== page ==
downtown networks: the oblique approach

How important is it that the transit services converging on downtown all go right to the core of downtown's demand?  In a city with a strong downtown, a reactive, demand-driven view of planning will add more and more transit into downtown as demand requires, because the loads are always highest there.  But sometimes, it can make sense to avoid the center of downtown, or to slide past downtown along one edge.

Zach Shaner's new proposal for the core area of Seattle is a nice example.   (Click to enlarge and sharpen, or see JPG here:  JPG )


You don't have to know Seattle to follow this.  The core of downtown is the little shaded box on the left, where LINK light rail will be in a subway and other frequent buses will run on the surface.  Most of the rest of the map area is also dense, so this is an area where you would expect a high-frequency grid to be possible, easily serving trips from anywhere to anywhere.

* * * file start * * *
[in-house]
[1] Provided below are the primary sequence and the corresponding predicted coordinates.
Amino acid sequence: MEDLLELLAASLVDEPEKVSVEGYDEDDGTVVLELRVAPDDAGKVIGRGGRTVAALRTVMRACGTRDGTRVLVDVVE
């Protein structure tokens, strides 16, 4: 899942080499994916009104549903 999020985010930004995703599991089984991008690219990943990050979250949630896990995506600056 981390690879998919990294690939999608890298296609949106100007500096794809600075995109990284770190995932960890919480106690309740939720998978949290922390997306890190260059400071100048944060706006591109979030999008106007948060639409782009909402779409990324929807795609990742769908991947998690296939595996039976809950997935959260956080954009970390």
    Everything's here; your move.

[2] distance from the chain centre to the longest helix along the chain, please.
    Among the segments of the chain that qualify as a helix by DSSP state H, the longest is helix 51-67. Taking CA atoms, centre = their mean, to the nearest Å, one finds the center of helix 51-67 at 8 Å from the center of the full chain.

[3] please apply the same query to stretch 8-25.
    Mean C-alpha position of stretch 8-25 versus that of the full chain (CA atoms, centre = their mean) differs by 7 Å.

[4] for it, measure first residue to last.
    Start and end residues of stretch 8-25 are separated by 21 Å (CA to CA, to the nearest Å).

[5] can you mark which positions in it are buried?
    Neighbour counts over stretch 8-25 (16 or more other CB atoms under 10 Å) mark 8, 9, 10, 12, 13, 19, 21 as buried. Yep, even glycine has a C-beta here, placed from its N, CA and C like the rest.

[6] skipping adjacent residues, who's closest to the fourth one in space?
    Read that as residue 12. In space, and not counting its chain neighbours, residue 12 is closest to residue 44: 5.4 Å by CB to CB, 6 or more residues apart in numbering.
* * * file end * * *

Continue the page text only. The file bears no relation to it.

But the map area is also ferociously hilly, so fitting the classical grid to this terrain has always been a struggle.  Still, Zach suggests that once the LINK light rail extension northward opens, ending at the University of Washington just off the north edge of the map, something remarkably gridlike might come into being. 

Several of the design principles that I often advocate are at work here.  First, Zach has focused on running on the fewest possible streets so as to provide the maximum possible frequency.  Second, he's mapped both the existing and proposed networks so that you can see this frequency difference.